Go ahead, internet. Take your best shot. If there was ever a video game that needed a proper film treatment, it’s not fuckin’ Halo. That shit is already cinematic. Trying to punch that kind of epic storyline into a film that will appeal to the gamer community and non-gamer community is bound to crash and burn in only the grandest manner. So let’s look to another video game series that truly needs a proper film treatment: Double Dragon.
That’s okay, I can already hear a lot of groans and moans from the various people reading this. I know, I know. We’ve already had one Double Dragon film and it was terrible. Not even in a ‘so terrible, it’s awesome’ kind of terrible. It was straight up TERRIBLE. To that point, I will agree. The 90s family oriented Super Mario Bros meets 3 Ninjas is hard to defend in almost any regard. The film lacks any kind of truly inspired action and the attempted depth of its class war plot is hardly anything worth your time. So why don’t we just remember the lessons learned here and move on with our lives. Let’s take this game and give it a proper treatment.
|No more of this, please.
The key for this reboot to work is that the initial audiences for the first Double Dragon film were the same individuals that played the game – kids. I was nine when the movie came out and my brother and I were stoked to see it. We were fans of the games and I remember renting Double Dragon II repeatedly from the local video store. So it was meant to appeal to that same audience and that’s how, in hindsight, it ended up being shit. Now those kids are adults. Take that rather simple beat n’ bash game and convert it into a film catered towards adults. Kids might not understand what Double Dragon is any more, so play it to the audience that does. It actually seems pretty legitimate if you think about it.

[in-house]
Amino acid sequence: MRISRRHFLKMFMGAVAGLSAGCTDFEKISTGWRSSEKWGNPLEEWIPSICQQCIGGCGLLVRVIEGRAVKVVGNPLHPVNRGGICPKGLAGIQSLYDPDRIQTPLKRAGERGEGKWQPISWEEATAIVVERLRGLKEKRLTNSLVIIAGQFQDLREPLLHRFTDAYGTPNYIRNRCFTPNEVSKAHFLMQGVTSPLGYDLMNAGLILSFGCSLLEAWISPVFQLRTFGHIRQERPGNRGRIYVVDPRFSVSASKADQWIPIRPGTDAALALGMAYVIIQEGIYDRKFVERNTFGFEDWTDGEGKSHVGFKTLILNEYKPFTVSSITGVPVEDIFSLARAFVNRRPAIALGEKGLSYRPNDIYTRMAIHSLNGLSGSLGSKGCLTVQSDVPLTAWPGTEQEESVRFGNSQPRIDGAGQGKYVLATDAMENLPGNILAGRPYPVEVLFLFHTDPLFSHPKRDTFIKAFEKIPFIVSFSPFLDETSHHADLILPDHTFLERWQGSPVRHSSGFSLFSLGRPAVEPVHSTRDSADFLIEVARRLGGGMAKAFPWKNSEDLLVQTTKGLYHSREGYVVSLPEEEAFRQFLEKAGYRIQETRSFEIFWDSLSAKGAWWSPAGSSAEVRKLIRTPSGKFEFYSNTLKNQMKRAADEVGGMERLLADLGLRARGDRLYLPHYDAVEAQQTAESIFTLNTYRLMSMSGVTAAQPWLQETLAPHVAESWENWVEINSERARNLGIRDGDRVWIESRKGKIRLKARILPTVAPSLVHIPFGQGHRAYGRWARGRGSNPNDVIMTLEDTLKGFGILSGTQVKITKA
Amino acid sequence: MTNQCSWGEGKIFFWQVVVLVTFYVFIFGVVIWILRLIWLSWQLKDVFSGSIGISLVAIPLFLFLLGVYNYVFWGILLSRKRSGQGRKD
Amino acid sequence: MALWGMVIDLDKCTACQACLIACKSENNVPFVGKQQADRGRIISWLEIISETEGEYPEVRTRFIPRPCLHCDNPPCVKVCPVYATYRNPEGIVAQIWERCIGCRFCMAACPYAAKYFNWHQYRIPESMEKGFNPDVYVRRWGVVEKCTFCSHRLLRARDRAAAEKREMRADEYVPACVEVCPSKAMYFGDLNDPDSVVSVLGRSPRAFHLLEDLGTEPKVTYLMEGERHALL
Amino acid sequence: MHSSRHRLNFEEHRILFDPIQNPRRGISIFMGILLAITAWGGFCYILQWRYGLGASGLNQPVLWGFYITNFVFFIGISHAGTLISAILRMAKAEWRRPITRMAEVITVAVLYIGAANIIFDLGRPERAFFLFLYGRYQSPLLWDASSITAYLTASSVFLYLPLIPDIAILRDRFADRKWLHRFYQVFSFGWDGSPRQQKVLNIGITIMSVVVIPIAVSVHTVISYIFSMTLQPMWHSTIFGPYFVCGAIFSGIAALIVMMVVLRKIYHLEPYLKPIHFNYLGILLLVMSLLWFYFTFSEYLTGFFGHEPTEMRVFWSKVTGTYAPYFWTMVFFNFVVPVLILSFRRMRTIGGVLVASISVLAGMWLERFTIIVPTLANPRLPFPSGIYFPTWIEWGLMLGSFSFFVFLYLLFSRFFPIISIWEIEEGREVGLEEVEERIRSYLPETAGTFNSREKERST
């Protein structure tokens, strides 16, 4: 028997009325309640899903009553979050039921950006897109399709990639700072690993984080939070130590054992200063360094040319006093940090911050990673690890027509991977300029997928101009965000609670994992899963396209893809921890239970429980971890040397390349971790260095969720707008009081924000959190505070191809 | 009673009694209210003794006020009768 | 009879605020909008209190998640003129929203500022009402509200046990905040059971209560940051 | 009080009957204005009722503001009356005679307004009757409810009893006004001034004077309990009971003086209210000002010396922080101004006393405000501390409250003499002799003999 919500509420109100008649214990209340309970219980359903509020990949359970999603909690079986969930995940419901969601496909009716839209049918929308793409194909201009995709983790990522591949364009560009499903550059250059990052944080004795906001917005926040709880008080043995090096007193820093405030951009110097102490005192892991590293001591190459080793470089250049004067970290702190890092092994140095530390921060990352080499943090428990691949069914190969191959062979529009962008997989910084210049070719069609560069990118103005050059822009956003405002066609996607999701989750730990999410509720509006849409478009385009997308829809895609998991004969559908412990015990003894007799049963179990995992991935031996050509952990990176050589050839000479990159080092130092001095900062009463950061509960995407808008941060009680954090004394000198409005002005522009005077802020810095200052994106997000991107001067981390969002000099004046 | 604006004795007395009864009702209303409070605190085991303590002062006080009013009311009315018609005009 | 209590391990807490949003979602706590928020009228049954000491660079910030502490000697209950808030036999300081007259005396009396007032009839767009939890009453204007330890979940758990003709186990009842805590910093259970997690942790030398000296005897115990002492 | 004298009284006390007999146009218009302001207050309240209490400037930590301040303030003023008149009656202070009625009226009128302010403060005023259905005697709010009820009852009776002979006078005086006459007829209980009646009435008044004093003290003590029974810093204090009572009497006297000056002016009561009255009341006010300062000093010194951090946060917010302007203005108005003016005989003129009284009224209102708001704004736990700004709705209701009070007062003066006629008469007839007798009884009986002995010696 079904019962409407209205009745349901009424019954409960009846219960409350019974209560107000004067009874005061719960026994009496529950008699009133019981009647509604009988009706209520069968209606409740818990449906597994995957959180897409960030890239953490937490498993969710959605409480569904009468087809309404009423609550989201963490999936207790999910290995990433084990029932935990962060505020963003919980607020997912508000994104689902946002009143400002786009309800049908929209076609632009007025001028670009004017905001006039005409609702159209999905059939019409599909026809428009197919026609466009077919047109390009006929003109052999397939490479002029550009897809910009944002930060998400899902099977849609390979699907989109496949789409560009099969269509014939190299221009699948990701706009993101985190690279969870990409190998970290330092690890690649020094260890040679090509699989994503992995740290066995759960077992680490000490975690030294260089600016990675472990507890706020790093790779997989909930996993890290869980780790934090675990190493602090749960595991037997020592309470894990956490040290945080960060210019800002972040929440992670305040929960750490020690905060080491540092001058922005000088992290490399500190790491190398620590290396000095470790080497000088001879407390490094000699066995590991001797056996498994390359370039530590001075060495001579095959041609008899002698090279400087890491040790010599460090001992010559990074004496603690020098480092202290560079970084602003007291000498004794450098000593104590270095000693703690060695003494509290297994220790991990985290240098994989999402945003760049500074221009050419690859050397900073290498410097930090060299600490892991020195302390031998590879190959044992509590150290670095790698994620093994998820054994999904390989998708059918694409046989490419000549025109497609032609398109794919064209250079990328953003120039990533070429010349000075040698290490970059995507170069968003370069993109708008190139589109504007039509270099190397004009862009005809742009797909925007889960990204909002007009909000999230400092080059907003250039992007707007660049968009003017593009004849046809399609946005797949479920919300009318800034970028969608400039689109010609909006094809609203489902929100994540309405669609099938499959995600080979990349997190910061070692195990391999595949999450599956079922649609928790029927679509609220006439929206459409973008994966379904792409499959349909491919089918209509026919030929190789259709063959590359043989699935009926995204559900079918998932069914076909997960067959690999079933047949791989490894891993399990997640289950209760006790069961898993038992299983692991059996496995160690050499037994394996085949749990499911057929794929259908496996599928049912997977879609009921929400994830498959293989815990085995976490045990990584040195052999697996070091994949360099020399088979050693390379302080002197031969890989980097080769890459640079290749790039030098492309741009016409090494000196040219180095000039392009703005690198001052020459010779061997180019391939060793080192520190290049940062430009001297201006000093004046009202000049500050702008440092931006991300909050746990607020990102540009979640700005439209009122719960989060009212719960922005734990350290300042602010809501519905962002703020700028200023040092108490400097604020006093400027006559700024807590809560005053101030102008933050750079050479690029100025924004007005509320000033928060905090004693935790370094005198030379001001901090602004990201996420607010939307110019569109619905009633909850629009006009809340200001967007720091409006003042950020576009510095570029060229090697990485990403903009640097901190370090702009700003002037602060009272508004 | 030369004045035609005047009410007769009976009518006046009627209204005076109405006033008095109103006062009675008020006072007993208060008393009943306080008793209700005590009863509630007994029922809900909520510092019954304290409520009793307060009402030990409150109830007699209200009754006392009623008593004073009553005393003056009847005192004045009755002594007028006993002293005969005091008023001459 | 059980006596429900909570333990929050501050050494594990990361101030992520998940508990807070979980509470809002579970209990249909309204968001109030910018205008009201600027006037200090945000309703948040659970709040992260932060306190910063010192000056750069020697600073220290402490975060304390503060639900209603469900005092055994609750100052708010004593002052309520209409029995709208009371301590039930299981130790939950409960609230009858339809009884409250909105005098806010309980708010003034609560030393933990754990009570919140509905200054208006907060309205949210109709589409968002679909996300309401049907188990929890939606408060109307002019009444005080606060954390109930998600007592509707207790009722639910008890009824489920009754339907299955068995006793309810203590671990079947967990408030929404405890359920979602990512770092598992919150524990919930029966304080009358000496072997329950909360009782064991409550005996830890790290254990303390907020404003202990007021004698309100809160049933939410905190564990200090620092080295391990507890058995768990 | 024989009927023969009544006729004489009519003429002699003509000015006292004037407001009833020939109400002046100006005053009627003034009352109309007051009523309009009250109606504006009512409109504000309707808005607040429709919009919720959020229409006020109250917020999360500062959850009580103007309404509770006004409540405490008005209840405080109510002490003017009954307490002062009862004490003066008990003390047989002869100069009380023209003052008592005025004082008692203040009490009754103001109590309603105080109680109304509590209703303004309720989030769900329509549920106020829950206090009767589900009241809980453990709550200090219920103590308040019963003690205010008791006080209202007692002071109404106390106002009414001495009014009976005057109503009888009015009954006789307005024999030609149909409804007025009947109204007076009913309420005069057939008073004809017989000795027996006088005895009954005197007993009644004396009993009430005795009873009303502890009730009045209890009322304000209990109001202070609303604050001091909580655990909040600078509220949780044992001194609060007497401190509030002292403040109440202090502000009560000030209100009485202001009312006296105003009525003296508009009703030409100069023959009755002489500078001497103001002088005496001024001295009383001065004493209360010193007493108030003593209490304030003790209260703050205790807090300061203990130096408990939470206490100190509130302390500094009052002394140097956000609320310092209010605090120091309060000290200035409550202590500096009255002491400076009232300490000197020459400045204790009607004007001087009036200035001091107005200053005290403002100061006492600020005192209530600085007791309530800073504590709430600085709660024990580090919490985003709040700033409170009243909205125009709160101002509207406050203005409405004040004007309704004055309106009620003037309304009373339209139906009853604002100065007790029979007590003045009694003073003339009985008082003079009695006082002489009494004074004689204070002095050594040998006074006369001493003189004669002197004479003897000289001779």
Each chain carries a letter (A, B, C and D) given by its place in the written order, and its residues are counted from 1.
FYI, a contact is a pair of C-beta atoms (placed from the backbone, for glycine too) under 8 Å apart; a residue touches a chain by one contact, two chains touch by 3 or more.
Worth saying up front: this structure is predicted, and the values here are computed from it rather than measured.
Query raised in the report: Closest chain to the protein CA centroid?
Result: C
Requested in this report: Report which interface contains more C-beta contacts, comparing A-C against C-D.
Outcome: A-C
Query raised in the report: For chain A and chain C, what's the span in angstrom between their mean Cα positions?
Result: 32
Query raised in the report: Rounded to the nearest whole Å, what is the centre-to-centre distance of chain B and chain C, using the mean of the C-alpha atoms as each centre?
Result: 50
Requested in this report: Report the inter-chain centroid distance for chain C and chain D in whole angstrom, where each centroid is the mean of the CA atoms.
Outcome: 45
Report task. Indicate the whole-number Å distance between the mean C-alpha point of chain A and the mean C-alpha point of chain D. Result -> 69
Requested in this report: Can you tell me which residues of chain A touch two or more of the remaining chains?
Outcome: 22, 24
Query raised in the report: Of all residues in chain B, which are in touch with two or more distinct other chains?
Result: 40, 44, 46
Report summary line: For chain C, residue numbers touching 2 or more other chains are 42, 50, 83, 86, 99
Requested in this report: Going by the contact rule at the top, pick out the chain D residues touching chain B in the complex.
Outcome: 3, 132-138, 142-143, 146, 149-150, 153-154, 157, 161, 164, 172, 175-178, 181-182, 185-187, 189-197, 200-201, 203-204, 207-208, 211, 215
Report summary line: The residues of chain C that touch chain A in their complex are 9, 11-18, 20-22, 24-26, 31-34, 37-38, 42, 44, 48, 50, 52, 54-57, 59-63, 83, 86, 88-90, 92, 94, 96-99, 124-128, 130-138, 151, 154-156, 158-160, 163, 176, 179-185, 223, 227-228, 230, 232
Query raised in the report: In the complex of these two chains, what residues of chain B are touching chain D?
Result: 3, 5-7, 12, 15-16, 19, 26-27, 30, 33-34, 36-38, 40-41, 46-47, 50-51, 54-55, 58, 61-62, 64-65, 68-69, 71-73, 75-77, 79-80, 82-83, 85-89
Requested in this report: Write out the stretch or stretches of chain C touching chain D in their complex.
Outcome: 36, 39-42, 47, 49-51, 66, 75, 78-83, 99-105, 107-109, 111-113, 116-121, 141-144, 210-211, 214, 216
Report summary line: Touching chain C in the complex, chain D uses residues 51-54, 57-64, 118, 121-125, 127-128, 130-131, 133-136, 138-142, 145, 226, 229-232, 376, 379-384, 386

The core of the original Double Dragon game was damn near designed to be a martial arts/action flick. The story is simple and the action is relentless. This caters perfectly to the action film world. You can keep some undertones of political unrest or even throw in a bit of the mysticism that would show up in the game, (Fighting shadow doubles? I’ll fucking take that) but keep the film simple and focused. Take The Raid and blend it with a hint of The Purge: Anarchy. You could probably even take this film and make it ridiculously high quality for nothing in budget. Make it gritty, but keep it entertaining.
|More of this, please.
With that kind of tone and concept, one could do a lot with the Double Dragon franchise tag. Build a nice little universe for it to exist in, populate it with gimmicky (but not cartoonish) characters, and let it develop itself. If you give it to a director who knows low budget action and how it works (my choice would be Isaac Florentine, but then again I’d like him to direct every martial arts action movie for US audiences) and throw in two charming stuntmen turned actors in the lead two roles and this is born to feed into its own fan base.
Truthfully, a rebooted Double Dragon franchise only makes sense. You can make it for cheap, cater to the audience that grew up with the game, and with a streamlined script it doesn’t even have to be complicated. Look at the success that Mortal Kombat: Legacy and Street Fighter: Assassin’s Fist are having online. Maybe I’m just a starry-eyed action dreamer, but give me an adult oriented action film version of Double Dragon and I’ll be there in my Sunday best.
Written By Matt Reifschneider
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